What must’ve happened to you in your life to make you want to kill a beautiful animal & then lie next to it smiling?
Francis won the reality TV Show Extreme Huntress five years ago, and has since been hosting NBC show ‘Eye of the Hunter’, but she has received a backlash of abuse since Gervais challenged her.
Francis stands by the photo, which was taken five years ago, claiming that in posing with this dead giraffe she was honouring its life. Facebook page HuntingLife.com, which shares macabre photos of proud hunters posing next to the bodies of animals they have shot and killed for fun, supported her actions and shared the following statement from Francis:
When I was in Africa five years ago I was of the mindset that I would never shoot a giraffe. I was approached toward the end of my hunt with a unique circumstance. They showed me this beautiful old bull giraffe that was wandering all alone. He had been kicked out of the herd by a younger and stronger bull. He was past his breeding years and very close to death. They asked me if I would preserve this giraffe by providing all the locals with food and other means of survival. He was inevitably going to die soon and he could either be wasted or utilized by the local people. I chose to honor his life by providing others with his uses and I do not regret it for one second. Once he was down there were people waiting to take his meat. They also took his tail to make jewelry, his bones to make other things, and did not waste a single part of him. I am grateful to be a part of something so good.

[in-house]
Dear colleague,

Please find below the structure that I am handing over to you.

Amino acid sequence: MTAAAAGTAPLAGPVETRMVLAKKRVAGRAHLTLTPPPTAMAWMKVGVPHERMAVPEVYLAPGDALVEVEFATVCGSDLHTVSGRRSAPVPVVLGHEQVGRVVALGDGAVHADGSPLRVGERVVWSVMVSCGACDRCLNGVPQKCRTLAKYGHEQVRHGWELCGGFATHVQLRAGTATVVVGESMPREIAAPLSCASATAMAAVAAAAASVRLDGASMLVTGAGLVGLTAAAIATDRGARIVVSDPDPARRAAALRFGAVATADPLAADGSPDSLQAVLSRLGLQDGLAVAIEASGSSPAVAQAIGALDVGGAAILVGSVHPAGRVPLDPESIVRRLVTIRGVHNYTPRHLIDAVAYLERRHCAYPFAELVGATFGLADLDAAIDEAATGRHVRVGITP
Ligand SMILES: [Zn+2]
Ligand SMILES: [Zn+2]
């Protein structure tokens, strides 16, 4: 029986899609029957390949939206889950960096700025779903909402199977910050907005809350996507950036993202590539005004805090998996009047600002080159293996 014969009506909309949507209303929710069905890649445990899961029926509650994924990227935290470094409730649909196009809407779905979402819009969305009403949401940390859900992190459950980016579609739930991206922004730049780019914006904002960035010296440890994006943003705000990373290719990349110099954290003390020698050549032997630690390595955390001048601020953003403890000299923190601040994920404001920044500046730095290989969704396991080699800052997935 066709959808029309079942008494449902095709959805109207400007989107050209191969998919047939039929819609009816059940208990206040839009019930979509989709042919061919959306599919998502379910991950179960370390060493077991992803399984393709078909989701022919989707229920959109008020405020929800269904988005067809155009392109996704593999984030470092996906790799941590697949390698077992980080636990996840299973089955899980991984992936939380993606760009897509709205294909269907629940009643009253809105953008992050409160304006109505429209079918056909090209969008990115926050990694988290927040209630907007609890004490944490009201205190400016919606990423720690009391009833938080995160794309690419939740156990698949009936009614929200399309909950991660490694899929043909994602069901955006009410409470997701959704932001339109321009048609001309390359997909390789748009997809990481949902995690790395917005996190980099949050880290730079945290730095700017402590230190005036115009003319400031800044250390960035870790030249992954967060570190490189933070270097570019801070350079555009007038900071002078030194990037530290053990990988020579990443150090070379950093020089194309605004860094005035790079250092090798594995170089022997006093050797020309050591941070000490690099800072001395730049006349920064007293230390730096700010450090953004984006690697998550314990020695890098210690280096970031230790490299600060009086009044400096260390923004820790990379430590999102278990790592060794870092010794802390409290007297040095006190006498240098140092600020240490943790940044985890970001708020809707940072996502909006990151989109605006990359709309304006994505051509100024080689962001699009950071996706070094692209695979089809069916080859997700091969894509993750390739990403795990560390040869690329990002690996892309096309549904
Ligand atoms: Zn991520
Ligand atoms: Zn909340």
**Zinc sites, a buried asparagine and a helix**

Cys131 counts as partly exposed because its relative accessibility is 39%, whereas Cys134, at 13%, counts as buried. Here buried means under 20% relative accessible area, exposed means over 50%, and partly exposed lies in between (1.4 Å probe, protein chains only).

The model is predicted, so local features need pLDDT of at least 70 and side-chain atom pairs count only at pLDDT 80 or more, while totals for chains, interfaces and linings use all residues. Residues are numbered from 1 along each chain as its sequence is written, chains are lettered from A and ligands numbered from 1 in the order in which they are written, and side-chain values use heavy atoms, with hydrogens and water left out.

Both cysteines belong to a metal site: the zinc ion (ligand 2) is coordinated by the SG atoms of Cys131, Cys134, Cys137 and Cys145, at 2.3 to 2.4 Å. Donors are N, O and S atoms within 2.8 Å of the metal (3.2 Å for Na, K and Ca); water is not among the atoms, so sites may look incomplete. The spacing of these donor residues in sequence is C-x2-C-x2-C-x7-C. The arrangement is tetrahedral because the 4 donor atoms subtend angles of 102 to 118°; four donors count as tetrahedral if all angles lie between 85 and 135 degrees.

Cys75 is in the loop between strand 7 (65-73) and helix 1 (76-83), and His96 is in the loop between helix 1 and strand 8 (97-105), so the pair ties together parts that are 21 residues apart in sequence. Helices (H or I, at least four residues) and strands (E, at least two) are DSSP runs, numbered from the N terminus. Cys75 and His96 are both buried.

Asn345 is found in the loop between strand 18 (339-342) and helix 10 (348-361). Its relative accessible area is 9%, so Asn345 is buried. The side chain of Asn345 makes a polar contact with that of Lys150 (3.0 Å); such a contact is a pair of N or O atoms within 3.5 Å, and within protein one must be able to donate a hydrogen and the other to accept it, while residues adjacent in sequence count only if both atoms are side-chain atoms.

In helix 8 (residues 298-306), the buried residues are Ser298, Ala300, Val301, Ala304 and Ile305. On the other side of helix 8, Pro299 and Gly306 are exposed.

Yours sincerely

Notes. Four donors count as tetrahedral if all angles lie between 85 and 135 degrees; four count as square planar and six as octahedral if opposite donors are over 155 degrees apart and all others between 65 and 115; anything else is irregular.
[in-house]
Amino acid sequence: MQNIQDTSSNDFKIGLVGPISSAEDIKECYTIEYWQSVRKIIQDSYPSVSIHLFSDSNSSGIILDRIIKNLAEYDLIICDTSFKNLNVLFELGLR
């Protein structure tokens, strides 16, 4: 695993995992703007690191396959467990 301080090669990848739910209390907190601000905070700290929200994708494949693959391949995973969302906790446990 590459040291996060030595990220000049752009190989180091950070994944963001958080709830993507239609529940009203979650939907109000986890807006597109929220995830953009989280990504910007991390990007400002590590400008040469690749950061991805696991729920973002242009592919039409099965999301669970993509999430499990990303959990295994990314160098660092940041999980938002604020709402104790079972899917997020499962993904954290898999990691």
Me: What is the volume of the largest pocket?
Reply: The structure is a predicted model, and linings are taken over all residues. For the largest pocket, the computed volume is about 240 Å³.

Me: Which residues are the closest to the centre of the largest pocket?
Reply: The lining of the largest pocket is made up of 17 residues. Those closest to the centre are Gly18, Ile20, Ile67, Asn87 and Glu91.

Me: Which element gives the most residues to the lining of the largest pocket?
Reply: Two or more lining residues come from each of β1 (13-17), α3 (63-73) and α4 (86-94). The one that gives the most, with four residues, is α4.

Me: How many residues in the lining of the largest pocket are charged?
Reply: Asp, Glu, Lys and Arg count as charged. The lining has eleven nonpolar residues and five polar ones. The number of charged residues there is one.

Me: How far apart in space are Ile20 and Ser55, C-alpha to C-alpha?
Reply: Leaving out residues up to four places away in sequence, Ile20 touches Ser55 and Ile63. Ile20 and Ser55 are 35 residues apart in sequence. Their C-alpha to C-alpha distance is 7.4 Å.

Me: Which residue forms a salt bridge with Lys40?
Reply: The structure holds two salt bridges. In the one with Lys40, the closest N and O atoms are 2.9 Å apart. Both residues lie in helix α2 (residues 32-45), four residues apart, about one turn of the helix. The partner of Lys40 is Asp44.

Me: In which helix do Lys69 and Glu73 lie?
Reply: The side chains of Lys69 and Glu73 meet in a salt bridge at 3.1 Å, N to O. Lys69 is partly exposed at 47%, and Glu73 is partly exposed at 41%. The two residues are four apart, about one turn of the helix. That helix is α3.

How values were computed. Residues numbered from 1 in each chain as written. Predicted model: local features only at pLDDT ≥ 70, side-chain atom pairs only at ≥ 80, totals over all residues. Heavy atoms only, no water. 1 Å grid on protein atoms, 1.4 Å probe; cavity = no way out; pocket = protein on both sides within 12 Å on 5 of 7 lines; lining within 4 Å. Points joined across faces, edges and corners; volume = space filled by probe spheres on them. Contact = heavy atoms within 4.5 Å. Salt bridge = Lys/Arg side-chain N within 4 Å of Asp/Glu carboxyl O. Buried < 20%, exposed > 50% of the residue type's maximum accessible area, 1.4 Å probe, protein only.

Francis has since suggested that the abuse stems from a dislike of female hunters, prompting Gervais to sarcastically tweet:
“I kill lions, giraffes & bears with guns & bows and arrows then pose grinning. Why don’t people like me? Must be because they’re sexist”
— Ricky Gervais (@rickygervais) April 17, 2015
Trophy hunters have often tried to convince us that they are, in fact, conservationists and they kill endangered game species in order to preserve them. If this argument seems counter-intuitive, that’s because it is.
Firstly, you don’t kill what you claim to protect. Secondly, the money big game hunters pay to shoot animals on organised, canned hunts goes towards farming more animals for the slaughter, rather than protecting endangered species. Thirdly, if hunting were ever to be labelled ‘conservation’, hunts would need to be closely monitored by state bodies and scientific organisations.
Read this post by One Green Planet for a more detailed explanation of how trophy hunting is not motivated by conservation aims.